But ESPN’s Adam Schefter reported that his sources insist Reid still wants to gauge whether John Dorsey, the Packers’ director of operations, would consider becoming the Chiefs’ next GM.

The 55-year-old Reid was the longest tenured NFL coach when he was fired by the Eagles. Philadelphia won six division championships under Reid in the competitive NFC East and advanced to five NFC title games. The Eagles reached the Super Bowl only once, though, losing 24-21 to New England after the 2004 season, and Reid was dismissed this week after they went 8-8 in 2011 and 4-12 this season.

The Eagles were known for their high-scoring teams under Reid. They finished in the top 10 in scoring in eight of Reid’s 14 seasons and in four straight before dropping off to 29th this season.

The Chiefs were the NFL’s lowest-scoring team in 2012.

“He’ll present matchup problems for a defense,” Edwards said. “That’s what his teams do. He’s going to create formations that will make it difficult for a defense. He’ll attack down the field. He’ll take some shots at you. He’ll run it some but he’s more of a pass guy. He likes to throw the football and control the game that way. He’ll stress the (opposing) defense because they’ll be up tempo.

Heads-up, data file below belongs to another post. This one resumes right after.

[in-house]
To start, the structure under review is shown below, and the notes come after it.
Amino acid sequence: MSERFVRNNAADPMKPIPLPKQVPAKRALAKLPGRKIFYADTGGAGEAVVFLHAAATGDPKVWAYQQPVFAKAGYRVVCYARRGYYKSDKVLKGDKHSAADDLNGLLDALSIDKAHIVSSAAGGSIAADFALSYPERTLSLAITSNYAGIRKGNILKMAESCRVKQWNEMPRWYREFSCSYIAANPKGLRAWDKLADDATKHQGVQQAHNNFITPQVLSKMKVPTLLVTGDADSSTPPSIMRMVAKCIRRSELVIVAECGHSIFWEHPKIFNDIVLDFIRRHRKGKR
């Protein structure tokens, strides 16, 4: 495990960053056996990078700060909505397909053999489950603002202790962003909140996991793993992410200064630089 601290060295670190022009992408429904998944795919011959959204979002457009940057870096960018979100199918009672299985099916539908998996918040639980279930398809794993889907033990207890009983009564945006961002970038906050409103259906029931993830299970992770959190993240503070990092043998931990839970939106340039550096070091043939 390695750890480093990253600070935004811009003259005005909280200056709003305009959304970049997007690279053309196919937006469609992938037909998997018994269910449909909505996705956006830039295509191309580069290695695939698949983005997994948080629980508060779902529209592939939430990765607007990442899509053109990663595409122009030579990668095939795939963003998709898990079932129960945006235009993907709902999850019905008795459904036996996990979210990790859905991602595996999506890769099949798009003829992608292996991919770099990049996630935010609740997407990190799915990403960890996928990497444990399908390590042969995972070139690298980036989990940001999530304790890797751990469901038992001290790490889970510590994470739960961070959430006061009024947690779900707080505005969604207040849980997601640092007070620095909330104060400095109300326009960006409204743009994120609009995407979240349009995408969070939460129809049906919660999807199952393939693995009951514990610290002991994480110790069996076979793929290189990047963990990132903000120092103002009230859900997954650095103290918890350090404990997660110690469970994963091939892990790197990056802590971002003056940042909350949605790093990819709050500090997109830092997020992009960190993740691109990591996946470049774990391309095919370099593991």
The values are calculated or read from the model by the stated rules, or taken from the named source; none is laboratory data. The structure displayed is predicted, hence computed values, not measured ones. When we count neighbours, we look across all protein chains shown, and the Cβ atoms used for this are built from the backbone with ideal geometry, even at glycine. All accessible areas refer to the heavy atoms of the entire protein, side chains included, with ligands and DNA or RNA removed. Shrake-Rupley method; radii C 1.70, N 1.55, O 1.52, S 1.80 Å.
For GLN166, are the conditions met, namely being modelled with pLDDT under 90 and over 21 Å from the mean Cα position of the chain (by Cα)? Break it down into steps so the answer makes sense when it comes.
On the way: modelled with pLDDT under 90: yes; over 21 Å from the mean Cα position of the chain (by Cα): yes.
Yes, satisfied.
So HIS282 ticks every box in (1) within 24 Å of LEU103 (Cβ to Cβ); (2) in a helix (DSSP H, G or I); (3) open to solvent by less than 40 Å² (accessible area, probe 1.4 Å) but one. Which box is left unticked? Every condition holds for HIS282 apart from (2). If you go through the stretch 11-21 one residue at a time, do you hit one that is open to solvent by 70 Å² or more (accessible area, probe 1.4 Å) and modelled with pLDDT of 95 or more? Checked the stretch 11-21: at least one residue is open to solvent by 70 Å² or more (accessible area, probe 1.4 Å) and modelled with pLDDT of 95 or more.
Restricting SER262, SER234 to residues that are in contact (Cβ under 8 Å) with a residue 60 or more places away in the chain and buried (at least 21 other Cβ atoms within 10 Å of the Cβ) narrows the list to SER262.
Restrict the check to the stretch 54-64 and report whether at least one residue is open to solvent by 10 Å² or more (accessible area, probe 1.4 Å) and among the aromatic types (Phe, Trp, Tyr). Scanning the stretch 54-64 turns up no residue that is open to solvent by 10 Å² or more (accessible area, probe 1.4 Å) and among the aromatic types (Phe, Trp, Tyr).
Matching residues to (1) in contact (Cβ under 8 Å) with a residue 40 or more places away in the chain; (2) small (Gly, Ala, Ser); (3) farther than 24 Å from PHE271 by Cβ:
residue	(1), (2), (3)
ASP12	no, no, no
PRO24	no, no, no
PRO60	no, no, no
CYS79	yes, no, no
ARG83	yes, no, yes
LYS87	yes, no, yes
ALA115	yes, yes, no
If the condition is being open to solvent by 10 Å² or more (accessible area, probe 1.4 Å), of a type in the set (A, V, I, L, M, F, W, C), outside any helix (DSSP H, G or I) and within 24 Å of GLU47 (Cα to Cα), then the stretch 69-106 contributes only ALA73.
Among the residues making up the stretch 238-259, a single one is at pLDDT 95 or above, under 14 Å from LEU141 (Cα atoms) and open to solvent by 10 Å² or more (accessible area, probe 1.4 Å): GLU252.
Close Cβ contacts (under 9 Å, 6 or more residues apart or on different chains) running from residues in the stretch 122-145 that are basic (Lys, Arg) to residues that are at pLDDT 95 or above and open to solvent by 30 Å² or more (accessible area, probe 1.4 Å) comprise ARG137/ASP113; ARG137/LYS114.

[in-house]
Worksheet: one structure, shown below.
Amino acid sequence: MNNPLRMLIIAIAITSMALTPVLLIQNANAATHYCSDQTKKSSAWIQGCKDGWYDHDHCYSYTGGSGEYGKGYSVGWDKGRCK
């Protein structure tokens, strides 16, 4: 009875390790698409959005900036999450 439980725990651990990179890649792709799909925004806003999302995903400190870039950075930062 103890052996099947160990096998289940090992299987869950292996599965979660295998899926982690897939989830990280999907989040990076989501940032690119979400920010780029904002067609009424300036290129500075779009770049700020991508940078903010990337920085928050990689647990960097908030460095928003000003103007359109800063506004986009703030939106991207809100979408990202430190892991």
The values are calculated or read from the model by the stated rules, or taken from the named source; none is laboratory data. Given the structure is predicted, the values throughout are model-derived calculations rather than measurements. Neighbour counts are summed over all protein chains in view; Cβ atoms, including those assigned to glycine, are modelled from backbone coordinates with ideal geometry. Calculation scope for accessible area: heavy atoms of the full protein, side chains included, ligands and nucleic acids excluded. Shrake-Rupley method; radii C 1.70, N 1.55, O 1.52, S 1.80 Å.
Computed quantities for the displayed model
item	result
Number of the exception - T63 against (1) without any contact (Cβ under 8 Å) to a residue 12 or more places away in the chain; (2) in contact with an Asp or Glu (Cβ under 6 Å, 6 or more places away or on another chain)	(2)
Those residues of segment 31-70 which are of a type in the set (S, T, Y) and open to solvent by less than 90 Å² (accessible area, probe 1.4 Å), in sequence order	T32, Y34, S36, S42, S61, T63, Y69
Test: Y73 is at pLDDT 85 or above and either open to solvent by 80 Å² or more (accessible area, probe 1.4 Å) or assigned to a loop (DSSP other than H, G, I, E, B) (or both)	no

“If I’m Jamaal Charles, I’m pretty excited because look at the backs they’ve had in Philadelphia. They’ve always been able to catch at least 40, 50 passes coming out of the backfield. He’s always been a really great screens coach. They throw great screen passes to the wide receivers, tight ends and backs.

“They’ve got some players on offense. He’ll fix the quarterback situation, whether they draft one or they go out and get one in free agency. He’ll provide them the ability to have a good offense.”

Before he became a head coach for the first time with the Eagles in 1999, Reid was the quarterbacks coach for Brett Favre in Green Bay. Reid grew up in Los Angeles and played offensive line for BYU from 1979-81. He got his start in coaching as a graduate assistant with the Cougars, who also had Mike Holmgren on their staff as quarterbacks coach. Reid later became offensive line coach for three seasons at Missouri from 1989-91 before moving up to the NFL on Holmgren’s Packers staff.